The Code Sight IDE plugin uses the Coverity static analysis engine to find issues as developers code. Release 2019.4 supports more languages and IDEs.
The product team at Synopsys is pleased to announce that Code Sight™ IDE plugin 2019.4 is generally available! This release accommodates the growing variety of technologies in modern application development environments. As a result, more developers can quickly find and fix issues in their IDE.
New features in this release of the Code Sight IDE plugin include static analysis for C/C++ in Visual Studio and support for more IDEs:
Designed for developers, the Polaris Code Sight IDE plugin uses the Coverity® static analysis engine to scan code automatically when users save files. Developers get noninvasive and nearly instantaneous feedback on the quality and security of their code before they commit it.
The unique combination of Coverity quality and security checkers can find defects affecting application reliability and functionality. It also reveals security weaknesses that could expose sensitive data to attacks. The solution carefully examines potential execution paths that could lead to software issues. As a result, developers can produce clean, secure, and reliable code. Now, with the Code Sight IDE plugin’s expanded language and IDE support, more developers can use the broad set of Coverity security and quality checkers without leaving their editor.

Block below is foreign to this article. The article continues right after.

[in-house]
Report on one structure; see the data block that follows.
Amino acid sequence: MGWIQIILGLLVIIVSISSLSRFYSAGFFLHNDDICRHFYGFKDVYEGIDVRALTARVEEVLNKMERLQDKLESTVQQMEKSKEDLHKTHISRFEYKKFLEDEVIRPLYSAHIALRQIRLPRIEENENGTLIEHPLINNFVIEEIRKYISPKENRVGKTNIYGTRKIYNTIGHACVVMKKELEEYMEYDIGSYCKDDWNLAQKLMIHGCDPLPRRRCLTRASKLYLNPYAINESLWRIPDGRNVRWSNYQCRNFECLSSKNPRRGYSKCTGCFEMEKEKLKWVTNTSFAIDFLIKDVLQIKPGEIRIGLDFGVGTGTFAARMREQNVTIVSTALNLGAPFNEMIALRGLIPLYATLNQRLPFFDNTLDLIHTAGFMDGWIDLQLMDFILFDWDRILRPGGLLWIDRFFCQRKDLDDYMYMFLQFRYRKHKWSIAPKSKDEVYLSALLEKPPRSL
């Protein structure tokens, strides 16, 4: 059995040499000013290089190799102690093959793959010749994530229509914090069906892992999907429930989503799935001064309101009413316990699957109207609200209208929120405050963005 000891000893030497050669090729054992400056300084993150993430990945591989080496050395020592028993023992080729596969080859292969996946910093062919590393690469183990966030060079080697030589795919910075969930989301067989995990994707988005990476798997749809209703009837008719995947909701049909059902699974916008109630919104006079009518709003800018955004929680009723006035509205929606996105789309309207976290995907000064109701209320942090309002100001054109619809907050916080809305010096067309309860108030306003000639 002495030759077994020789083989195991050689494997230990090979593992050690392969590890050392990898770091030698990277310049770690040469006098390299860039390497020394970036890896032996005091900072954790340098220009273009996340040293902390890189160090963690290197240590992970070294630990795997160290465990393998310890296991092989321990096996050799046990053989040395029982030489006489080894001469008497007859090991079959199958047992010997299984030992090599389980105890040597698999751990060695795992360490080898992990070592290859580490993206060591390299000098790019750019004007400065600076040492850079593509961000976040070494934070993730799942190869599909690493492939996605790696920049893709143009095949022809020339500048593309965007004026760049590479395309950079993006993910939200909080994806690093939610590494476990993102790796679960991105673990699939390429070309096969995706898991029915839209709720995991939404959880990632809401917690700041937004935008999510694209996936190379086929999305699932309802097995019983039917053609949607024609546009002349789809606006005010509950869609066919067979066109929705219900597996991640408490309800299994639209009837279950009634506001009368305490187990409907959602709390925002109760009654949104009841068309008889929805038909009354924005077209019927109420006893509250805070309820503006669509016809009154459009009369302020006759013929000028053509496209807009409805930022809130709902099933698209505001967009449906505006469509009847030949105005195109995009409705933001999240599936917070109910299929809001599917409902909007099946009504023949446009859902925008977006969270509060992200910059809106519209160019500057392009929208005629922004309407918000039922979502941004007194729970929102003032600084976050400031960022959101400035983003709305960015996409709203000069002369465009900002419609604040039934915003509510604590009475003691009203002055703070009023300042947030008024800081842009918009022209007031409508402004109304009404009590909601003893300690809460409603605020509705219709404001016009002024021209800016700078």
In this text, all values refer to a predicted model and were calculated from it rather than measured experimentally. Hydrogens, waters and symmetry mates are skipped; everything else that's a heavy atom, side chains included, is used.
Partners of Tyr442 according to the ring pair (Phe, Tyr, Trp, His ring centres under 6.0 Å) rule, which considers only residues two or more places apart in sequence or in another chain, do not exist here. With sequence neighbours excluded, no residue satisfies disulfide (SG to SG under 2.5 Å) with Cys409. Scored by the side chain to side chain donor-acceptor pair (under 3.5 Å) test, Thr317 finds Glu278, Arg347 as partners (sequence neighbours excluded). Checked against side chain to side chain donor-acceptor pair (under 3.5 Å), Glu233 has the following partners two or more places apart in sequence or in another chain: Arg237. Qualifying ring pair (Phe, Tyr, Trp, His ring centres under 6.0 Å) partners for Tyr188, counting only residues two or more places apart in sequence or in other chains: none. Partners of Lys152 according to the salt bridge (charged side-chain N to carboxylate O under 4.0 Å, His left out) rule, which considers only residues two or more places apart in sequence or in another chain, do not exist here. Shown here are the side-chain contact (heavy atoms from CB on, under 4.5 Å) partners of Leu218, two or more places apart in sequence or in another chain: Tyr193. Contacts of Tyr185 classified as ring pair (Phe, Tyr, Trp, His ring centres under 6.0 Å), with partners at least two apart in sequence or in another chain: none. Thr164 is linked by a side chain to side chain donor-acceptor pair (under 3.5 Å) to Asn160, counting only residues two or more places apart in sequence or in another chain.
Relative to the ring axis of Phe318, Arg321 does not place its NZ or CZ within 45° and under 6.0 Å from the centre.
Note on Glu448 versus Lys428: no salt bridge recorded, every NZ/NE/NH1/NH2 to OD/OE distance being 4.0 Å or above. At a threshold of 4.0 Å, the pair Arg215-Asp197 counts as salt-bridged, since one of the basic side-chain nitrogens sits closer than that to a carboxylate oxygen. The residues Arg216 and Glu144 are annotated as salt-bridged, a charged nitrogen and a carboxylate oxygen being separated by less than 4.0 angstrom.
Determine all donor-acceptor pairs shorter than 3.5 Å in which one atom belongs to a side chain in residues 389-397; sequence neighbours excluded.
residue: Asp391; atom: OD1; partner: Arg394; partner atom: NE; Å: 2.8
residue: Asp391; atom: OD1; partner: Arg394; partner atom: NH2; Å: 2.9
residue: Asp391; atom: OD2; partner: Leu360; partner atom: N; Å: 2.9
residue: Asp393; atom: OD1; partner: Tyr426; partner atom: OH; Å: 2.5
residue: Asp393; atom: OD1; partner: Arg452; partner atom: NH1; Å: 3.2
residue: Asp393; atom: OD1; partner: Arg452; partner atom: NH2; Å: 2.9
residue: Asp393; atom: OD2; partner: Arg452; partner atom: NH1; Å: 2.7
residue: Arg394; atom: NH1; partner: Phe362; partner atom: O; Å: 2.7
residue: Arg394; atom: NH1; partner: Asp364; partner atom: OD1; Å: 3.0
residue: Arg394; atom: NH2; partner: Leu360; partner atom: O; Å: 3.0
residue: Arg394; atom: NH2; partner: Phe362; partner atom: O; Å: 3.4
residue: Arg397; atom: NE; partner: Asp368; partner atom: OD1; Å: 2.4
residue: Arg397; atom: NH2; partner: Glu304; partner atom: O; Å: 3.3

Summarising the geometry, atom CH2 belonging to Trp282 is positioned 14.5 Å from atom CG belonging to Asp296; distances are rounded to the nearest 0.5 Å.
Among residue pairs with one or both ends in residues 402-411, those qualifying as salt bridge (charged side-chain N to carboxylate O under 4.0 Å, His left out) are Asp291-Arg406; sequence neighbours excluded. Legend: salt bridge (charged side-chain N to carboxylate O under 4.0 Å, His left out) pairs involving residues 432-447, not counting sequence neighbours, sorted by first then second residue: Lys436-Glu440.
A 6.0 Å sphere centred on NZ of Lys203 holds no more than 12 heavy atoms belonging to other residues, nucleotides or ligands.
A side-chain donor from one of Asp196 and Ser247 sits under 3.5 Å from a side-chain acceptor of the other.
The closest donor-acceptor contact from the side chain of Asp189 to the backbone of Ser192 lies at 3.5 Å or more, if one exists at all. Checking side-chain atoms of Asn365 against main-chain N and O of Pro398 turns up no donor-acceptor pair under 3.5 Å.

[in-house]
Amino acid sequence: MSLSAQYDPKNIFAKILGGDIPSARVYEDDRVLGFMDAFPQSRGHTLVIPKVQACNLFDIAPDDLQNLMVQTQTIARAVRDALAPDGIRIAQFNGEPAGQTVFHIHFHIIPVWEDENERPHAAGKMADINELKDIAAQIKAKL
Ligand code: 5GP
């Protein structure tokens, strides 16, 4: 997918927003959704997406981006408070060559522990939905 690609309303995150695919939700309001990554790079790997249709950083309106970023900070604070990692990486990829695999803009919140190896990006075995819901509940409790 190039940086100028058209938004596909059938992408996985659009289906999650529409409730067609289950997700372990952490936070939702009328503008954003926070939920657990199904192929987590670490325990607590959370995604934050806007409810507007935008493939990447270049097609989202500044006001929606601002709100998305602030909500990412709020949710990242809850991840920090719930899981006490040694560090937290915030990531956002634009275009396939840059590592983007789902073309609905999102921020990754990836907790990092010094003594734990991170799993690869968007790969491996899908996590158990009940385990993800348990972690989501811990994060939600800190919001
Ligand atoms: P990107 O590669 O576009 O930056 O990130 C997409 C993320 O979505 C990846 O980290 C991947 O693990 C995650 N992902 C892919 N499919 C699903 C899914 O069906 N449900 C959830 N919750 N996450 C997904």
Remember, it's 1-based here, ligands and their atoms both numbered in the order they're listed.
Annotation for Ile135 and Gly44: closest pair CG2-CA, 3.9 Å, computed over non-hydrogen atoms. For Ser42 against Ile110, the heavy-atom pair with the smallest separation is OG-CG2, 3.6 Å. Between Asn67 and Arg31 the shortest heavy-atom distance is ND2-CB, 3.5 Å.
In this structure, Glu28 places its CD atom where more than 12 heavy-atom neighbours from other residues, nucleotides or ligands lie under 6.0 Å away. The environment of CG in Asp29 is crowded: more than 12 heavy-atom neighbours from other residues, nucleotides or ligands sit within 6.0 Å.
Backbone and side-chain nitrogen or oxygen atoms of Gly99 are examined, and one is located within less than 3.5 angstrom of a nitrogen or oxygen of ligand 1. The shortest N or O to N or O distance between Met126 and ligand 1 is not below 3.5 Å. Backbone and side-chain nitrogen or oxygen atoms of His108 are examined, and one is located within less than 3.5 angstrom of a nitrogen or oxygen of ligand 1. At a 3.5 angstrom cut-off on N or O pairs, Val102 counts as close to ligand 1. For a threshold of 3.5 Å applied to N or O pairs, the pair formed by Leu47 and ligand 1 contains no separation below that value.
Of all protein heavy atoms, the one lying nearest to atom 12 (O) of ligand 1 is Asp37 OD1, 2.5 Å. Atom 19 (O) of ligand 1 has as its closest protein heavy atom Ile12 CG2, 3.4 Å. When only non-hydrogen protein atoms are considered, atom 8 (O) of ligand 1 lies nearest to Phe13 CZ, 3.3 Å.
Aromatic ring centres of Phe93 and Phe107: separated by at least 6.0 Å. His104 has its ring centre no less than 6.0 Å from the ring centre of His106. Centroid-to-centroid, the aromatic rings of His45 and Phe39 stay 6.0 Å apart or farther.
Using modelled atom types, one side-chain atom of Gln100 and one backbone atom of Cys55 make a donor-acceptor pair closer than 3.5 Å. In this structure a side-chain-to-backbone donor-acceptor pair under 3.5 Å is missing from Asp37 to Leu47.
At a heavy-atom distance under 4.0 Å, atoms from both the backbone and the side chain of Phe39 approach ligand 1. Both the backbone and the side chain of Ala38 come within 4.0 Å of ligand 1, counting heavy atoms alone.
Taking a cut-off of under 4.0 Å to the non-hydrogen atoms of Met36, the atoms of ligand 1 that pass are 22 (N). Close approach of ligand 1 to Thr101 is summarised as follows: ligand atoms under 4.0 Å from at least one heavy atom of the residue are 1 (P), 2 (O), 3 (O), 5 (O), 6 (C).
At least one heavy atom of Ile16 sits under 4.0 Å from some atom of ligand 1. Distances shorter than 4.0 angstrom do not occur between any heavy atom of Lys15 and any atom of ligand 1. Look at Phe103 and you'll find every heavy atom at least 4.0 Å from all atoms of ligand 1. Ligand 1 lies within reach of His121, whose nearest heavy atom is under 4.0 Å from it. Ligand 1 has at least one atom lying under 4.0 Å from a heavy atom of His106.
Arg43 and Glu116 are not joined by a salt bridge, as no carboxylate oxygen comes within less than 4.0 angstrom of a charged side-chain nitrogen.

Beyond the IDE, many development teams integrate static application security testing (SAST) into their CI/CD pipelines as well. However, many SAST solutions provide different analysis engines in the IDE and build/test environment. Frustrated developers might ask themselves, “Why wasn’t this issue found while I was running tests in the IDE?” So Synopsys has ensured consistent results between analyses in the IDE and the build/test environment.
To decrease debugging times, organizations are shifting application security responsibilities to developers. This shift is pushing developers to catch software defects earlier in the SDLC. But if security testing slows them down, developers might see this request as unfair, considering their primary goal of hitting tight release deadlines.